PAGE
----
You are here:

Plant Diseases/Mystery Tree Species


Mystery Leaf
Mystery Leaf  
Hello Melissa

My NWF Field Guide to Trees of North America boasts covering 700 species, but fails to identify a tree newly planted on a parkway in Chicago.  The folks who planted the tree never answer their door.  

I found another tree with such leaves in the Cook County Forest Preserve yesterday.  Attached is a photo of an average to large specimen.  It grows on the branch as a simple alternate leaf.  In the photo you can see it is ovate with lobed base, has a pointed tip with toothed margins.

Do you know this tree?



Dear Pete, I am absolutely not sure about this leaf.  It is often difficult to identify plants by one leaf only, although your description of a simple alternate leaf is helpful.  I'm pretty sure that this is either a fruitless mulberry or some type of cottonwood.  If it's a cottonwood, its fall colors will likely be more yellow.  You might look up the shapes of fruitless mulberry (rounded, not too tall) against cottonwoods (generally taller and more pointed) and see if that helps.  I'm sorry if this information is not too helpful, but it's the best I can do.  Perhaps a picture of the tree would help.  Anyway, I hope this at least steers you in the right direction.  Good luck, Melissa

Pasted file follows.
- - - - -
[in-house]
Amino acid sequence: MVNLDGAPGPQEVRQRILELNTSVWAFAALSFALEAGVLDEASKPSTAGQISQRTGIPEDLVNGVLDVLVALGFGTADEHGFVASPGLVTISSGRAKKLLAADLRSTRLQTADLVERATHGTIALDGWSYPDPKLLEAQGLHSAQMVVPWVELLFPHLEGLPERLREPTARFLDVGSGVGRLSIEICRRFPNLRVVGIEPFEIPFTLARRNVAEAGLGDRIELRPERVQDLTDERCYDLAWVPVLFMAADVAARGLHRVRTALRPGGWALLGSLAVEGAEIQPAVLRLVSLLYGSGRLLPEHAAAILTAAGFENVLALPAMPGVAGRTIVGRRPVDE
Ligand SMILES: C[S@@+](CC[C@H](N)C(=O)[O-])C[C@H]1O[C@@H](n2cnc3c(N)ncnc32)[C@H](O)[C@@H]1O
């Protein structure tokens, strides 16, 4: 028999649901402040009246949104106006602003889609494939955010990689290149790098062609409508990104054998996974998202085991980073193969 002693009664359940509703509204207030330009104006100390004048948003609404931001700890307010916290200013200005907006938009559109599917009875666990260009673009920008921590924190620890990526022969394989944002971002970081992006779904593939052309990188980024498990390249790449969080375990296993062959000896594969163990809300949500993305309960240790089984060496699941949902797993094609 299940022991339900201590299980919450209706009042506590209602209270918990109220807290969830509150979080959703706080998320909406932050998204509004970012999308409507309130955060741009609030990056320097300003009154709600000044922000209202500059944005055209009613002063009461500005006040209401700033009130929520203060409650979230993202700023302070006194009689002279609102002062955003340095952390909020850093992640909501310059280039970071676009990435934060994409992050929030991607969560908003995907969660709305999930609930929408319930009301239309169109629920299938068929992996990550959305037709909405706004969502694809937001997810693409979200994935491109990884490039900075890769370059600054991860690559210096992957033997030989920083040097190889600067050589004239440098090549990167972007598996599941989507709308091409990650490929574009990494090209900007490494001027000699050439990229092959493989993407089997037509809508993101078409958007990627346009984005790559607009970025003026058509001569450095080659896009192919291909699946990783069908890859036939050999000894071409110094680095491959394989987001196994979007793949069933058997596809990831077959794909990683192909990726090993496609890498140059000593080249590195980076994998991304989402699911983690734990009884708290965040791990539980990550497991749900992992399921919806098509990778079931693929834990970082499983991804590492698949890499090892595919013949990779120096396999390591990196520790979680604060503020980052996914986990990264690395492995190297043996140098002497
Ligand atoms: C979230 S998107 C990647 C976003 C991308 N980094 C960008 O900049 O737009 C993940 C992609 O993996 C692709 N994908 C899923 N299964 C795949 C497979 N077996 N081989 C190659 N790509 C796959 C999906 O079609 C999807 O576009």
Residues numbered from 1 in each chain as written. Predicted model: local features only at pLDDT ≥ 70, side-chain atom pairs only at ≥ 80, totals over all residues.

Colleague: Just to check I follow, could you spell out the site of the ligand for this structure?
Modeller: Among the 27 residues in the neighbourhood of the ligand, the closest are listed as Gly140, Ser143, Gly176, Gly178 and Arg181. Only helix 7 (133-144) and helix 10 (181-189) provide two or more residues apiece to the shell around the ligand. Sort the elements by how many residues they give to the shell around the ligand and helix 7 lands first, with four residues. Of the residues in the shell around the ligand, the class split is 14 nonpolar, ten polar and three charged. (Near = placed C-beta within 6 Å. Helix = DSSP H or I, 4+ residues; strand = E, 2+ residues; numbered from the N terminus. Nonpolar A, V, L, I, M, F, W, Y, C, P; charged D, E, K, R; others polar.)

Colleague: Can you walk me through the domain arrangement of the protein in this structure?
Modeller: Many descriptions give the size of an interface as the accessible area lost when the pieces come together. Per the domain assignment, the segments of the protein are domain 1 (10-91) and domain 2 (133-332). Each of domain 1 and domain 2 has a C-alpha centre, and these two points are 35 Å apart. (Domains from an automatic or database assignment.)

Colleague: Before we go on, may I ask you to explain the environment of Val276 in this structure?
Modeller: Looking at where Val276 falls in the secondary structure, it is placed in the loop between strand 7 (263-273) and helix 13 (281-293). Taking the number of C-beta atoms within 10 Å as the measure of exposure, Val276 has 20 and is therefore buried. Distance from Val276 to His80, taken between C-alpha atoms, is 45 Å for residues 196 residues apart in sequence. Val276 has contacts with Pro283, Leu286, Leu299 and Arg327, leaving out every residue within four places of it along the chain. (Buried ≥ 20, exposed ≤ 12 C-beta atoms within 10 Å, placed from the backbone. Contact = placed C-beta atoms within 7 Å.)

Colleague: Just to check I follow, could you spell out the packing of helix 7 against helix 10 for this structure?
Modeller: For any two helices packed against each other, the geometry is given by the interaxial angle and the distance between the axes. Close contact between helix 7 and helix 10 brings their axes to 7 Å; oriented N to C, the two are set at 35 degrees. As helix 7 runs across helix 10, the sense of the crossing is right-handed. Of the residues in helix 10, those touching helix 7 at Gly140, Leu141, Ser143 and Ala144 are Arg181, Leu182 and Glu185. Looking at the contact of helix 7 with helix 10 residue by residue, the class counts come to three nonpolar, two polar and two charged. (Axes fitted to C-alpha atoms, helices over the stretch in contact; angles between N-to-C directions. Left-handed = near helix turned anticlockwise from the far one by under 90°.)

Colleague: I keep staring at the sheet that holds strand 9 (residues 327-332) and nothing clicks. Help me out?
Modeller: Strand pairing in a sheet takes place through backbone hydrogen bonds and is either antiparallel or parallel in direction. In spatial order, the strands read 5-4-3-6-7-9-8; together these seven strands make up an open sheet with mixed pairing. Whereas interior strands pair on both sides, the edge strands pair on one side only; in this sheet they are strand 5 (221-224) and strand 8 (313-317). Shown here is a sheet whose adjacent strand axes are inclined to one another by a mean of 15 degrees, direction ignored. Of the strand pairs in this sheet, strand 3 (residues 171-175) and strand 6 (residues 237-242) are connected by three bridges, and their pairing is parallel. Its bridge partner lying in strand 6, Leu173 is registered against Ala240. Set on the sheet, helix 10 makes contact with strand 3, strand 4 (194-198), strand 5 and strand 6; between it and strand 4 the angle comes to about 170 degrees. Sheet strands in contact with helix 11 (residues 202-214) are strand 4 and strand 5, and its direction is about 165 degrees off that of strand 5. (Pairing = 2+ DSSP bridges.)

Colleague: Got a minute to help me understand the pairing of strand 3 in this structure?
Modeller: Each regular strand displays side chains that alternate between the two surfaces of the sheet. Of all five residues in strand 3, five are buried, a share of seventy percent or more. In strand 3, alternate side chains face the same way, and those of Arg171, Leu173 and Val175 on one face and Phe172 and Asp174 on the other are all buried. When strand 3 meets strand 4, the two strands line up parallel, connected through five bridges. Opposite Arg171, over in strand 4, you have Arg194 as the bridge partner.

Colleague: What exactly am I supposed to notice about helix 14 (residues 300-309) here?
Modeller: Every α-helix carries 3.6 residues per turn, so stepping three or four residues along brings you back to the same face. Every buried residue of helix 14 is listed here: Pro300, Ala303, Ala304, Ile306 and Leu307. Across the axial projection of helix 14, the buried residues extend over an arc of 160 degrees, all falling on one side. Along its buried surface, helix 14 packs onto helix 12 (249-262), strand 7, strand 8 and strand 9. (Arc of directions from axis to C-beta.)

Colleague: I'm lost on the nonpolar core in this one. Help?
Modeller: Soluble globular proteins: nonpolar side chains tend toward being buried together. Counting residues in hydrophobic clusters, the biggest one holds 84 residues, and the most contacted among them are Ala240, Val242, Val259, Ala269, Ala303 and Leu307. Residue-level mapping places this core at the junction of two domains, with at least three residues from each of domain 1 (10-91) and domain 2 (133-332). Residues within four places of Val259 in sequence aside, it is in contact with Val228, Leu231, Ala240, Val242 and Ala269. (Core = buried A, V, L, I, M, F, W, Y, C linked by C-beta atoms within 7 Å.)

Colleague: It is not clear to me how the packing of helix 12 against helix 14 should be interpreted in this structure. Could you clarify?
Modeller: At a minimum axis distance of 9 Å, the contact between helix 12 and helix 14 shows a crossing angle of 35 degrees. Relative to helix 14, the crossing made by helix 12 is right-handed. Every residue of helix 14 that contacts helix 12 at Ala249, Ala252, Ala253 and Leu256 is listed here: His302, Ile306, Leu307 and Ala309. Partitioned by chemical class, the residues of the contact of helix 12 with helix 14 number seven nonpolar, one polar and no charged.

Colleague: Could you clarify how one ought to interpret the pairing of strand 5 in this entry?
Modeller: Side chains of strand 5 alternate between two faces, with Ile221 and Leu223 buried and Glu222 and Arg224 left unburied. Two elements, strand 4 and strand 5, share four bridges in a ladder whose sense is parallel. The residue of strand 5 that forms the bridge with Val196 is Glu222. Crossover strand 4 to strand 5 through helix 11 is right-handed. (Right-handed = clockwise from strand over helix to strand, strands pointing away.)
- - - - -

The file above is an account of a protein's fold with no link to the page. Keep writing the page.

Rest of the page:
Plant Diseases

All Answers

Answers by Expert:

Ask Experts


Melissa Johnston


Plant diseases, landscaping, tropical plants, roses, herbs, plant care, grafting, horticulture, plant identification, anything about plants I can likely answer.


35 years experience in various plant businesses, 1984 Certified Texas Master Gardener.

Master Gardener Association of Texas charter member

none as of yet, but I have a plant q&a book I am in process of submitting.

Magna cum laude graduate of Texas A&M, 1978

Awards and Honors
Plant growing awards, highest grade for Texas Master Gardener graduates.

Past/Present Clients
Past member of and was very highly rated. Owned landscape company in the past, Almost Paradise, and was very successful despite little equipment, no help, and no advertising. Lived well for two years until 9/11.

©2017 All rights reserved.